The Life and Death of Heater, Texas


This here is Heater, Texas, as we found it in the summer of 1843.

The Lost Legend of Heater, Texas

It was so hot that the sun felt like you might could reach up an touch it. There was no cool drink of water nowhere, an even if they was, it was hot. It was hot and dusty, and not much else. But they was no Injins, an not cause it twernt too hot for ‘em, but too hot for the game, sept’n rattlesnakes. Nothing to kill. Nothing to eat. Nothing to drink. And there we was, in the high plains of the west Texas Territory in the summer of 1843. I’s about 19 years old then when we moved west from St. Louis.

My name is Friedrich Klein. My older brother Clem and my baby sister, Marcella both got the pemonya an died last winter. Pa an ma come from the old country unt sprict Deutch, but I learnt Amercin from the other kids in Pennsylvania an Atlanna before we come west.

As the sun burnt down on everthin around, an the horses were given signs ah wantin water, the surrounding landscape did not look welcomin. The steady sound of the wagon wheels and the regular hoofbeats of the horses was suddenly interrupted by a snapping sound as a wagon wheel force-follered a split rock what twisted the wheel and busted it. Pa could make or fix most anything on the farm, but on the road, they ain’t no fixing no wagon wheel what had gone over a thousand miles of dirt road or no road at all. It had give up.

You gots to send that wheel to the Amish in Pennsylvania an have em fix it or make you a new one, or buy a new one from Kansas City, but we’s in the high plains desert of the Texas Territory in 1843. Pa got out the front wagon an walked back an looked at that wheel, then turned and walked back to Ma an said, “Sugarfoot, we can’t go on with a busted wheel, so, welcome to Heater, Texas, our new home.” It was really more like, “Liepchin, es kaput! Wilkomin nach Heizung.” An the town of Heater, Texas was founded at that moment. I later told Pa how to spell Heizung in American. An there we was, with two wagons, four horses an four barrels of whisky, an a dog named Fritz. I called him, Pard.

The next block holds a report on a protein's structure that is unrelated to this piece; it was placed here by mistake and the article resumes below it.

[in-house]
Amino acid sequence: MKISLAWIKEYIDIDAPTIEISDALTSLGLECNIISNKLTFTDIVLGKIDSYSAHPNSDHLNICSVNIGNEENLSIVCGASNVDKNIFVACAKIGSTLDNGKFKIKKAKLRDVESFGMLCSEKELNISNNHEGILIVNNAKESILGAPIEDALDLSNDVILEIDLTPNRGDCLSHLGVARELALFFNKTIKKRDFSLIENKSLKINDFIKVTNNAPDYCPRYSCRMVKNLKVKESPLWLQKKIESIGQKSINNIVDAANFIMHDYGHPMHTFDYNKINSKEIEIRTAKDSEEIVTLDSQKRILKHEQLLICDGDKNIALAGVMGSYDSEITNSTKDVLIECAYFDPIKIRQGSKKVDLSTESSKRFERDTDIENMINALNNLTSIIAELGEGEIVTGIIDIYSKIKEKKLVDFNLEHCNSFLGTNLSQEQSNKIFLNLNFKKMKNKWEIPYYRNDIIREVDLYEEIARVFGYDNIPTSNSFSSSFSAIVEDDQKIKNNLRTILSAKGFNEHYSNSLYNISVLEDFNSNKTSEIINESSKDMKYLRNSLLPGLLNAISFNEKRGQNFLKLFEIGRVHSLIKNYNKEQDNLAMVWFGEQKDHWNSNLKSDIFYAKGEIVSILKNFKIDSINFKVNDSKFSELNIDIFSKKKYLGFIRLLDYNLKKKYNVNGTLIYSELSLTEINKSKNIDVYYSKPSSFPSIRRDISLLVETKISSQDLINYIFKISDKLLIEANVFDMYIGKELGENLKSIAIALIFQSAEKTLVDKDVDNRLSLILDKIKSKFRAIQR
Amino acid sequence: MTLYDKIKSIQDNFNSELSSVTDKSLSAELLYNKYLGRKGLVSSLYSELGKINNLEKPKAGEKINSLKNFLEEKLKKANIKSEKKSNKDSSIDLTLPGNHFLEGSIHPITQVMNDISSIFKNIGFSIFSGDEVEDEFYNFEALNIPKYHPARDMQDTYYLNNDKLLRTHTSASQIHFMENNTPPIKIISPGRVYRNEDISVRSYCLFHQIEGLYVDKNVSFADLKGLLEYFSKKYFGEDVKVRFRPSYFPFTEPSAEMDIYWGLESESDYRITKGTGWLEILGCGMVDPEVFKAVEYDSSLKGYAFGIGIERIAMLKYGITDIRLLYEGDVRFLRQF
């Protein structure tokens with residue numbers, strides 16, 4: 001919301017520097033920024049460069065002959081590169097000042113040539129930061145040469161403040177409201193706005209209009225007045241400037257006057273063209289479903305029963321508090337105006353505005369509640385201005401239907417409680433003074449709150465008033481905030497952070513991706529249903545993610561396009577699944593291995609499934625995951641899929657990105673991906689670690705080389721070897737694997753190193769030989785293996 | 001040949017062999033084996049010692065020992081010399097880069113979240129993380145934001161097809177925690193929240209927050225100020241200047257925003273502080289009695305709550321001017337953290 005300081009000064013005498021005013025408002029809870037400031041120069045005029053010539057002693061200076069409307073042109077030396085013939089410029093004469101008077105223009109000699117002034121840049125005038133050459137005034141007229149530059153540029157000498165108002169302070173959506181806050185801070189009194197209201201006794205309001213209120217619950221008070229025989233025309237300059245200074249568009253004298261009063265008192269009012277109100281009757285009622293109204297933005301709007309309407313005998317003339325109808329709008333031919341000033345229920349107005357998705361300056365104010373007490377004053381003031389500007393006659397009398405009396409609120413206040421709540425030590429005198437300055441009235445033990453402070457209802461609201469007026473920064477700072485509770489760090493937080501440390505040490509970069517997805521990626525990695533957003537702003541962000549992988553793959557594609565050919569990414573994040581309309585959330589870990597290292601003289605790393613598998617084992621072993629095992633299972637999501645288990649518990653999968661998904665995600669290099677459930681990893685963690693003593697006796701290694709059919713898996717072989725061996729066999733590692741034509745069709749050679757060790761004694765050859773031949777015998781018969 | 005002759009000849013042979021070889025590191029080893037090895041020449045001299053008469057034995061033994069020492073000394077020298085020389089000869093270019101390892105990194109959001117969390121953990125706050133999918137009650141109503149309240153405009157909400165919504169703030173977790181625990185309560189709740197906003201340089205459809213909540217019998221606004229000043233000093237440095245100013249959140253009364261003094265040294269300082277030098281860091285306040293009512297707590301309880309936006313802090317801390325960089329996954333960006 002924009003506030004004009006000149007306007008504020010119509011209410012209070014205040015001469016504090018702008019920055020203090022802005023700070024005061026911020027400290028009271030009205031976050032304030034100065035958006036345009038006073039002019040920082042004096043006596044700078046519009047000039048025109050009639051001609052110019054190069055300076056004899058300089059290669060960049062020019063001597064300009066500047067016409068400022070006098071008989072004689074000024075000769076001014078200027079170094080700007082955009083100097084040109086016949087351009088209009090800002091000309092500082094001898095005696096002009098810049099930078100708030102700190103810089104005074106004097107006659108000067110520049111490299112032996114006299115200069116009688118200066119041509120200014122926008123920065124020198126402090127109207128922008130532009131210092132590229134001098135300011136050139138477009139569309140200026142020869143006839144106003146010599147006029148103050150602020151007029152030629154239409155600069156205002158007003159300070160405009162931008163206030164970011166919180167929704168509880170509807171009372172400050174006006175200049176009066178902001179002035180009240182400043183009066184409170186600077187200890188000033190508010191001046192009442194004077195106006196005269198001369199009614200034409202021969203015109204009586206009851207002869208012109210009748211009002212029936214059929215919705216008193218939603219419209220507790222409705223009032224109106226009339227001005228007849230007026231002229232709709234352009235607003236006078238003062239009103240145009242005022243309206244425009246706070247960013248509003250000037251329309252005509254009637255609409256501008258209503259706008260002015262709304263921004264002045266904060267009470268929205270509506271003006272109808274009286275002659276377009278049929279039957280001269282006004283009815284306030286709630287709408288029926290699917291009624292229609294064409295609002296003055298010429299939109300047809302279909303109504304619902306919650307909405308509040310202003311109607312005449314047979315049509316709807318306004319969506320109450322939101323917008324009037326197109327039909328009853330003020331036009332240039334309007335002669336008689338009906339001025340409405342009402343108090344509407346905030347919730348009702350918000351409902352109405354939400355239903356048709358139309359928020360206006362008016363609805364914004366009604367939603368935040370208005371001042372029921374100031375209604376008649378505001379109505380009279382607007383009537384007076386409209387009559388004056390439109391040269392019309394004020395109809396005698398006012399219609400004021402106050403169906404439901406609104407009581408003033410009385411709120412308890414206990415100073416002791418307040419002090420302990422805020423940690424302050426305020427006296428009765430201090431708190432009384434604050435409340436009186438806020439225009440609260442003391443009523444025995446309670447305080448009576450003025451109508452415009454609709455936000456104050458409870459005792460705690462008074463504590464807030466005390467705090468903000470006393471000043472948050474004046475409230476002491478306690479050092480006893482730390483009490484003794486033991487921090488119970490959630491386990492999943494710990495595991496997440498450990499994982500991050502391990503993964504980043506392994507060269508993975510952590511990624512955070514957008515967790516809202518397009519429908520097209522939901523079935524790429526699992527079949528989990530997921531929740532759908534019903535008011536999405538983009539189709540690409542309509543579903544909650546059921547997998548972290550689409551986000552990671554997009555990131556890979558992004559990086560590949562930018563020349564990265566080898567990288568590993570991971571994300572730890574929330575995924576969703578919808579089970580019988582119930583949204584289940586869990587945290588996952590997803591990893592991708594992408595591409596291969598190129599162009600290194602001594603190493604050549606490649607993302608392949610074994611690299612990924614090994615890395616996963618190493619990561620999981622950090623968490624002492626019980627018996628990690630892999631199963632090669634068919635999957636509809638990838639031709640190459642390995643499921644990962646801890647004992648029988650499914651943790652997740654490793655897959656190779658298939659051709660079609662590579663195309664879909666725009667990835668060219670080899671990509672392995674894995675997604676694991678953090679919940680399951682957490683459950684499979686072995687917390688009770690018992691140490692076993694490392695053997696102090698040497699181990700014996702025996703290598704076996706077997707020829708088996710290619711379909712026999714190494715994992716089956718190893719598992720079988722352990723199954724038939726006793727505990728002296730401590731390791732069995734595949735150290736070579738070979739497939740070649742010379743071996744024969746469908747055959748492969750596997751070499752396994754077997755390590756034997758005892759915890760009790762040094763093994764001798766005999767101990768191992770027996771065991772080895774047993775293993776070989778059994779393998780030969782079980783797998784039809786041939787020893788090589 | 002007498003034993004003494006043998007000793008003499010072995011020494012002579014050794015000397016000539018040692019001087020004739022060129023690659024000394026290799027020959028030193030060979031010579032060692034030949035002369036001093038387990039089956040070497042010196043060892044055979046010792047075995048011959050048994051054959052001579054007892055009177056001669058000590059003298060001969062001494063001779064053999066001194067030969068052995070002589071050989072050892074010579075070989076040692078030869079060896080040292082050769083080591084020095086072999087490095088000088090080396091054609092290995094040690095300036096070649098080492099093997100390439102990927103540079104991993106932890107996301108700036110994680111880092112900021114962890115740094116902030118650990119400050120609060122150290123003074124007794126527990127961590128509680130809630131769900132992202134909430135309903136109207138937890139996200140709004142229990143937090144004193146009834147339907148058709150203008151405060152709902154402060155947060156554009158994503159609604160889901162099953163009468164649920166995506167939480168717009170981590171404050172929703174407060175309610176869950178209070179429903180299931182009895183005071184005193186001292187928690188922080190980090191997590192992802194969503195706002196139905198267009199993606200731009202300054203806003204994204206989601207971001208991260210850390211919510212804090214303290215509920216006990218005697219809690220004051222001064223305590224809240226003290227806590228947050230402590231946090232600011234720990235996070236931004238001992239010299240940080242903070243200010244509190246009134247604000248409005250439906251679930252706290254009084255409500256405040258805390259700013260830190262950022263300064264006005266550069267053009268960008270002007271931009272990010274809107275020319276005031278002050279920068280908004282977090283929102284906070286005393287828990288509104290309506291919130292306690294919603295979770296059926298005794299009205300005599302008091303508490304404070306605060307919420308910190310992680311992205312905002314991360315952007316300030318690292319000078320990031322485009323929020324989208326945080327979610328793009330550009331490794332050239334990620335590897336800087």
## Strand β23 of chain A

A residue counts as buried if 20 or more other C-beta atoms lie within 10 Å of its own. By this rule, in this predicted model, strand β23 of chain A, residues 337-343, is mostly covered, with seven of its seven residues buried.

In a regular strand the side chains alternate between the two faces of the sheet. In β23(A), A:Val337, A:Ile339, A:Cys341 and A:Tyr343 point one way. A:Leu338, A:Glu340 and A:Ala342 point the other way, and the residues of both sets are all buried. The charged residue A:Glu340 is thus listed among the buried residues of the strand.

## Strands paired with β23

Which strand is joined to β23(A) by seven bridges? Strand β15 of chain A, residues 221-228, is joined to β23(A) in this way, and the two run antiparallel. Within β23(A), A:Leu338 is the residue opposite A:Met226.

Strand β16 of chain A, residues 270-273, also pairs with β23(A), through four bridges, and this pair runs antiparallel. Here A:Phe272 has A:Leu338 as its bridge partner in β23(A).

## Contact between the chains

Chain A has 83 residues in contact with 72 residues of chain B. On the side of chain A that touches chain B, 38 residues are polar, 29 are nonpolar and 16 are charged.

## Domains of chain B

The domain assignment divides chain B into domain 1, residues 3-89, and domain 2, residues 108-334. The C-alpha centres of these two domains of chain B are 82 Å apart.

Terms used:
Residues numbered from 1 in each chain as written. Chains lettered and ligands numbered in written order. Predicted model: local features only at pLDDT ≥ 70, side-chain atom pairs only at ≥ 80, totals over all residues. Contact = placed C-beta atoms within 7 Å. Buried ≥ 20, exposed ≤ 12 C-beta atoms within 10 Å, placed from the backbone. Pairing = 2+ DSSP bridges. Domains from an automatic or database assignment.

Heater,Texas existed on the west Texas plains and thrived for more than thirty years, as American pioneers moved west. Svenn Vogal showed up right soon after we settled and opened a blacksmith shop across from the Heater Saloon. Svenn unt his wife, Helga only spoke Swedish, but we all figgered it out. Together, Pa an Svenn dug a well, and we had everything a pioneer needed, septin a whore house, an that come next.

The first stage line come through Heater about 1855 an the transformation was immediate. From a saloon an blacksmith shop, water well an the overnight station for travelers, then popped up Nelson’s dry goods an firearms. Then come Elmer’s Tradin’ Post an Outfitters. An then come Lovejoy’s Millinery, an Miss Sally Mae Lovejoy, one real cool drink o’ water.

Well sir, Miss Sally Mae could charm the devil and talk the birds out of the trees. She had charm an grace an a whole lot of other stuff, an come from Atlanna, Georgia. She made the men stutter an the wimmin kick they husbins in the shin for what they was thinkin. Miss Sally Mae opened the Heater Hotel, ‘cause she coon’t call it the Lovejoy Hotel, but when some wimmins come on the stage from St. Louis, the Heater Hotel was popler with travelers an locals alike an was a hotbed of rumor, controversy an corruption. They was morn several dozen gunfights, ambushes, shootin in the back an just plain killin ‘cause a man needed killin.

When the railroad come through, bout ten miles to the north, it bypassed the town, an ol’ Heater dried up an died in less than three years. When the stage quit, everything quit. Miss Sally Mae Lovejoy, what moved on to San Fransisco, took with her, all the money an gold, what come from her an them Wimmins from back east, an them back rooms o’ that hotel.

Now, I don’t think I could find where Heater used to be, but such history an so many stories that will never be told. I hope to preserve some of the heroic stories of our early pioneers.

I come to be known as Dakota Fritz, or Dakota Slim. As I collect stories from the unknown  and forgotten pioneers, I’ll post ’em here for your perusal, a Victorian word we seldom use any more.

Foller this blog an learn what happens next.

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